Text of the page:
AFL players rested before finals
Fremantle and North Melbourne have both gained approval from the AFL to rest players in round 23. Fremantle, who is top of the ladder, will rest big name players like Pavlich and Sandilands in Saturday night’s clash against Port Adelaide. This decision won’t affect their spot on the ladder. North Melbourne is taking similar steps, but their decision is attracting more controversy. A loss against Richmond on Friday night means the Roos will avoid a final against the in-form Crows in Adelaide. The AFL’s approval has been met with controversy as many believe it goes against rule 29 that states you cannot manipulate “a club’s position on the ladder for the purpose of improving its draw within the finals series”.
Bart Cummings dies
Champion Australian horse trainer, Bart Cummings, has died, aged 87. Cummings had been battling health issues in the last few years. The horse trainer won 12 Melbourne Cups over his career, most recently with Viewed in 2008. He has been described as a great visionary who was admired by the public, his family and all those involved in the racing industry.
End of an era for AFL legends
Geelong is entering a rebuilding phase, with some of their greatest players from the modern era deciding to hang up the boots. Dual premiership player Matthew Stokes will retire from Geelong at the end of the season, along with three-time premiership players James Kelly and Steve Johnson. They will play their final game with the Cats on Saturday night against Adelaide. Stokes had played just four games since round 12. 400 game Essendon player, Dustin Fletcher, has also announced his retirement.
Road to Russia 2018
Australia thrashed Bangladesh 5-0 in the second World Cup qualifying match last night. Four goals came within the opening half an hour for the Socceroos before easing up in the second half. Tuesday’s clash in Dushanbe against Tajikistan will be the next true test for Australia.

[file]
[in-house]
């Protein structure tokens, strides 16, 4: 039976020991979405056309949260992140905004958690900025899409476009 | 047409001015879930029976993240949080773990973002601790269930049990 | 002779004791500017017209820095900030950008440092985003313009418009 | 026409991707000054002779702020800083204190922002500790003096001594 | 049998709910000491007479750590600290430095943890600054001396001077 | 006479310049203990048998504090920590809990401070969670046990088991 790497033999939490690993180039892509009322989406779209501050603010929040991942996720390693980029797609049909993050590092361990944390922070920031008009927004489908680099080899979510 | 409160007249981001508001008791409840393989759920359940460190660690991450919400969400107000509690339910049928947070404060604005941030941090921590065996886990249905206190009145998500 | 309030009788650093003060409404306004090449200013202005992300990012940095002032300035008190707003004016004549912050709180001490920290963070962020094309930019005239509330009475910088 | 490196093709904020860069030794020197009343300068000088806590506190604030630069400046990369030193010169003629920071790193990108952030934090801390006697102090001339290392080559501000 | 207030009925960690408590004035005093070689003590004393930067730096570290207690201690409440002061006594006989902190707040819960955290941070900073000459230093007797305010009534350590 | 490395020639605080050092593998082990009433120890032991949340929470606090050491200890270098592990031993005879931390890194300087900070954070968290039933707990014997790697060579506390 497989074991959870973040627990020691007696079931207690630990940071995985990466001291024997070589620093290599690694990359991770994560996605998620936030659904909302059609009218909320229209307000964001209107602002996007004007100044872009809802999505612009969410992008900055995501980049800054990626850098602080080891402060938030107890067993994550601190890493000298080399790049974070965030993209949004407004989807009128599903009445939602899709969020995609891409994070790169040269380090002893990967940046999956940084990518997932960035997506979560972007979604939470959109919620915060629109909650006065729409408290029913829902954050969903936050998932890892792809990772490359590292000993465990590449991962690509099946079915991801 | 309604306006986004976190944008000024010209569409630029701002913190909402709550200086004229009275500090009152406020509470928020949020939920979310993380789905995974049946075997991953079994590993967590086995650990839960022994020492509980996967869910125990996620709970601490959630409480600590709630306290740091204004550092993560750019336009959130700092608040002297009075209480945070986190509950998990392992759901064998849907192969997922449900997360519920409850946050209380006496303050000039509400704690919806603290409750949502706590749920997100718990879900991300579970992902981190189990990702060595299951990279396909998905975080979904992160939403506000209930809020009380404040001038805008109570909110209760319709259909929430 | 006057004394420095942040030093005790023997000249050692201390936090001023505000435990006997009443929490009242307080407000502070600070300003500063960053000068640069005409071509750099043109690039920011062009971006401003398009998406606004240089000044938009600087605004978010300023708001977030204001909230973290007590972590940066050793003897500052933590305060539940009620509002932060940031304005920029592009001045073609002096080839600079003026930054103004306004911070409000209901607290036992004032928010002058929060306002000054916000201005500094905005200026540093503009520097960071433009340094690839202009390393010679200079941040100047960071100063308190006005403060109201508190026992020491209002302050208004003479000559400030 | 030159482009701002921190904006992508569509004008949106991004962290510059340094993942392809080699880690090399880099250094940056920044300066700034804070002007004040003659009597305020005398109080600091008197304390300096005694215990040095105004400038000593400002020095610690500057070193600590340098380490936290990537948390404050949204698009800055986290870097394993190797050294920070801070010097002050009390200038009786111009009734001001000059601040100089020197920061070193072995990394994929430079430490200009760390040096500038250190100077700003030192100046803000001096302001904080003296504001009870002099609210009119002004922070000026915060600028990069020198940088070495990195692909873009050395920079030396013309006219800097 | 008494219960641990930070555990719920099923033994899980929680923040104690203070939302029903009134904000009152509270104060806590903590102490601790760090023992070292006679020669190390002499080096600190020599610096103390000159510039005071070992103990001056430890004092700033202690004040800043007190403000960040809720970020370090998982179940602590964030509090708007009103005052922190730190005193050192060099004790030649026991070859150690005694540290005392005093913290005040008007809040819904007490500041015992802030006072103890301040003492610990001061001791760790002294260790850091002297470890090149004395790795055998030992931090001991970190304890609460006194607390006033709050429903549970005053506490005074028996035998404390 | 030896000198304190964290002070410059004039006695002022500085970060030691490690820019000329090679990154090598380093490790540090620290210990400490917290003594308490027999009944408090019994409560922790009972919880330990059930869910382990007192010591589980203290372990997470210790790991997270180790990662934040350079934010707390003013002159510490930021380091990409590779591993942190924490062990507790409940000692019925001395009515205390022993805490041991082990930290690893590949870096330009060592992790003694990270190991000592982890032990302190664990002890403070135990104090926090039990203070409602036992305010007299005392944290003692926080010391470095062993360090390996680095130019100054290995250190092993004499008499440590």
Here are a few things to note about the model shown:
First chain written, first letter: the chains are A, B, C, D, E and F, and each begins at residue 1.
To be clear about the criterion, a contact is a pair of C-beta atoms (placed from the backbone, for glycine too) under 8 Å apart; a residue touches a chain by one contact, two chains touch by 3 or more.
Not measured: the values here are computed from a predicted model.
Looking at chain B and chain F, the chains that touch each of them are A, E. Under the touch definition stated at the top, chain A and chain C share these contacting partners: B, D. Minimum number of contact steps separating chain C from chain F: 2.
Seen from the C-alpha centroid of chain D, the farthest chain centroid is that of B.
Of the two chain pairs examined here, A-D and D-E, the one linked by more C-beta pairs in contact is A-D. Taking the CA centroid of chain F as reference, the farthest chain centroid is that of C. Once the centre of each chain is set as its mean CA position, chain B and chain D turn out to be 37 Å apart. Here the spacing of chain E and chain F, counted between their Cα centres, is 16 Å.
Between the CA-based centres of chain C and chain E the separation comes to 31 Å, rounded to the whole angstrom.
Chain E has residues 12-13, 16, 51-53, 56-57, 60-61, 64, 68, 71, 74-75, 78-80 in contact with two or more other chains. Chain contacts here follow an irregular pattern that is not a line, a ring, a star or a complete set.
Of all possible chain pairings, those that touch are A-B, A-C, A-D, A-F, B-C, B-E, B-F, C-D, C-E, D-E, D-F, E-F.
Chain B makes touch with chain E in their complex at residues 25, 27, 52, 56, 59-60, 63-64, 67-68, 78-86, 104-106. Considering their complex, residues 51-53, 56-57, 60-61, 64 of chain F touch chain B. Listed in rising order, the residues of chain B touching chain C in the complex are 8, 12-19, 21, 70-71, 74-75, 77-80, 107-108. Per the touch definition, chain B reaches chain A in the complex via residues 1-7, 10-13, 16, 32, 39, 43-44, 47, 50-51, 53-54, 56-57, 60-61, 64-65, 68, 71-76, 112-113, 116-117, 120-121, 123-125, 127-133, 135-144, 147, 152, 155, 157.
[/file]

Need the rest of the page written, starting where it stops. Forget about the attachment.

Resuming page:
Immigration minister accuses Fairfax of trying to bring government down
Immigration minister, Peter Dutton, has accused Fairfax Media, with assistance from the ABC, of conducting a “jihad” against the government. “I think regardless of what Tony Abbott does, Fairfax will say it’s bad. I think regardless of what Joe Hockey or the Abbott government does, Fairfax will say it’s bad,” he said. His claims mirror criticisms of News Corp’s coverage of the 2013 election. At the time, Prime Minister, Tony Abbott, said, “You want better coverage be a better government”.
Greste sentenced to prison by Egyptian courts
Australian journalist, Peter Greste, has been sentenced to three years prison in Egypt. Greste and his two colleagues, Mohamed Fahmy and Bahar Mohamed, were accused of supporting the Muslim Brotherhood and reporting that it was “damaging to national security”. Many people, including Amal Clooney and Julie Bishop have spoken out against the sentence.
— Peter Greste (@PeterGreste) August 29, 2015
Anti-piracy laws delayed
The government’s anti-piracy scheme, meant to come into effect on 1 September, has been delayed due to ISPs and copyright holders being unable to come to an agreement on how the scheme will be paid for. Under the scheme, people found to have violated copyright will receive several warnings before ISPs are forced to give their details to copyright holders. “If the cost is too high, the scheme won’t be used,” Foxtel director of corporate affairs, Bruce Meagher said.
Audio produced by: Jack Howard.
Feature image: Jake Stevens.
Joely Mitchell, Tam Kendi, Ewa Staszewska, Tijan Biner, Johanna Brasier and Ethan Miller are the editors of upstart this semester. They are all third-year Bachelor of Journalism students at La Trobe University. You can follow them on Twitter here: @joelymitchell, @tamkendi, @EwaStaszewska, @tijanb, @JohannaBrasier and @ethanmiller1994.